Alcatel-Lucent's Bell Labs, Freescale team up for universal remote node

Bell Labs, the industrial research arm of Alcatel-Lucent (NYSE: ALU), and Freescale Semiconductor are expanding their long-term partnership, including collaboration on a universal access device that can be used for any combination of wireline and wireless connections.

The companies plan to unveil a proof of concept of their universal remote node at the end of the research project in the first quarter of 2017. As part of their expanded partnership, the companies also are collaborating on a range of new initiatives intended to drive innovation as the world increasingly moves to virtualized networks.

"We're trying to get ahead of the game in terms of bringing up new technologies to the market," said Tareq Bustami, vice president of product management for Freescale's Digital Networking division, in an interview with FierceWirelessTech. The idea is to have a programmable access element that can work not only for wireless standards but also can operate with wireline standards, so it's one processing element. "You can make it talk wireless or talk wireline."

The pressure from an opex and capex perspective is high from an operator point of view, and they're looking ways to come up with a programmable element where they can move resources as needed, whether they need more for wireless or more for wireline. "Much like we did in the compute world… moving compute resources back and forth, we want the same idea on the access side," he said.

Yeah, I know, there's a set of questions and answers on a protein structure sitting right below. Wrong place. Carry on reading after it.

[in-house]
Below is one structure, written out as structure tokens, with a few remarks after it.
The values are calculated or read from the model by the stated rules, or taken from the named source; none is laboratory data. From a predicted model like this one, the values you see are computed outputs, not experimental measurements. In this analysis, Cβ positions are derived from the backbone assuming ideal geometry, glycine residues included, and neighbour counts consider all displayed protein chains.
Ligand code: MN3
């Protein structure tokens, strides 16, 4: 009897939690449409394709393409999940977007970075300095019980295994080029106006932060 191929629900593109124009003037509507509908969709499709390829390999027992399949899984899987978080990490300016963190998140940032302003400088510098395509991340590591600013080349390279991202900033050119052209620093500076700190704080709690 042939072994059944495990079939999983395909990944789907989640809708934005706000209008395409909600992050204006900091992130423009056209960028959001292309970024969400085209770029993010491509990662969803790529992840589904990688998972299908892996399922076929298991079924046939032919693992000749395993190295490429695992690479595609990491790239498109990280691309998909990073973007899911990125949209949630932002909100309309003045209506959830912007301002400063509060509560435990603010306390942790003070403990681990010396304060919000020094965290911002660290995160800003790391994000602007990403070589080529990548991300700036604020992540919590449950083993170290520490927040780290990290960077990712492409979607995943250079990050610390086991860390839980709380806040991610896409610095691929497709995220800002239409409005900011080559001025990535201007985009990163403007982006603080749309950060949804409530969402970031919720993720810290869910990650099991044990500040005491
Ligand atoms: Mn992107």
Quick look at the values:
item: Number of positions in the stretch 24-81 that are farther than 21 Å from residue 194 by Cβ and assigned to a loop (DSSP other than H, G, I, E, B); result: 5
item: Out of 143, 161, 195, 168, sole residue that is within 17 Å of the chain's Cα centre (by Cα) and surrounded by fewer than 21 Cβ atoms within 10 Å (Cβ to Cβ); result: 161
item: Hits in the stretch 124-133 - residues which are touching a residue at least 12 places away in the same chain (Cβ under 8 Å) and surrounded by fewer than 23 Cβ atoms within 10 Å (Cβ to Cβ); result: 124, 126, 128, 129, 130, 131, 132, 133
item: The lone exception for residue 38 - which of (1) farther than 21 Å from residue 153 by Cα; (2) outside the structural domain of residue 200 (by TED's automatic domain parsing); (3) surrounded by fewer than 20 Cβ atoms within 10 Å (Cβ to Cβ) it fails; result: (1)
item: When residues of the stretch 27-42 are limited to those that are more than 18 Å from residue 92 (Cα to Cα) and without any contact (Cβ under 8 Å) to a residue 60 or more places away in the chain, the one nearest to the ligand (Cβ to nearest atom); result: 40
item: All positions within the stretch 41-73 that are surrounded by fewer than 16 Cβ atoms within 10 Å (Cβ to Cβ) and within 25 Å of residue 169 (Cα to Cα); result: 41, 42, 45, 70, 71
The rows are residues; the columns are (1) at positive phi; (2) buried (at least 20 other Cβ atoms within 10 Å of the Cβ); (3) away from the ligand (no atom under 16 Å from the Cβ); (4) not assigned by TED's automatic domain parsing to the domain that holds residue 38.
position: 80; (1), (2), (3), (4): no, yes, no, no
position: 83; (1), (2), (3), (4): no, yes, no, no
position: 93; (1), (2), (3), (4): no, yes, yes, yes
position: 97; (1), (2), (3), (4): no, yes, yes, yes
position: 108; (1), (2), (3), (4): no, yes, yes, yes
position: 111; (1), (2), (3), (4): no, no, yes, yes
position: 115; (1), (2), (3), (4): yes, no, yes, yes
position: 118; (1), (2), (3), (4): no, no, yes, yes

It's all part of the drive toward 5G, and while that has yet to be defined, it's clearly going to evolve from this converged access network where remote nodes are very close to the end user and more and more network elements are programmable.

"What you're seeing are distribution points, wireless and wireline, are going closer to the users," which becomes an operational headache, Peter Vetter, head of the Fixed Networks Program in Bell Labs at Alcatel-Lucent, told FierceWirelessTech. However, combining wireless and wireline make a lot of sense when it comes to areas like operational savings, power supplies, maintenance and backhaul.

"What we are seeing is the line between wireless and fixed certainly are blurring," especially on the infrastructure side where there's a lot of commonality, Vetter said. "These networks start looking very similar," and the end-users ultimately won't care if it's wireless or wireline--they just want a connection.

A lot of programmability is happening in software-defined networking (SDN) and network functions virtualization (NFV), and they're extending those types of capabilities to remote nodes. Operators want to be more agile and introduce new services faster, as well as compete with and offer new services to over the top (OTT) players.

Alcatel-Lucent and Freescale previously collaborated in areas such as wireless base stations and GPON technology. 

For more:
- see the press release

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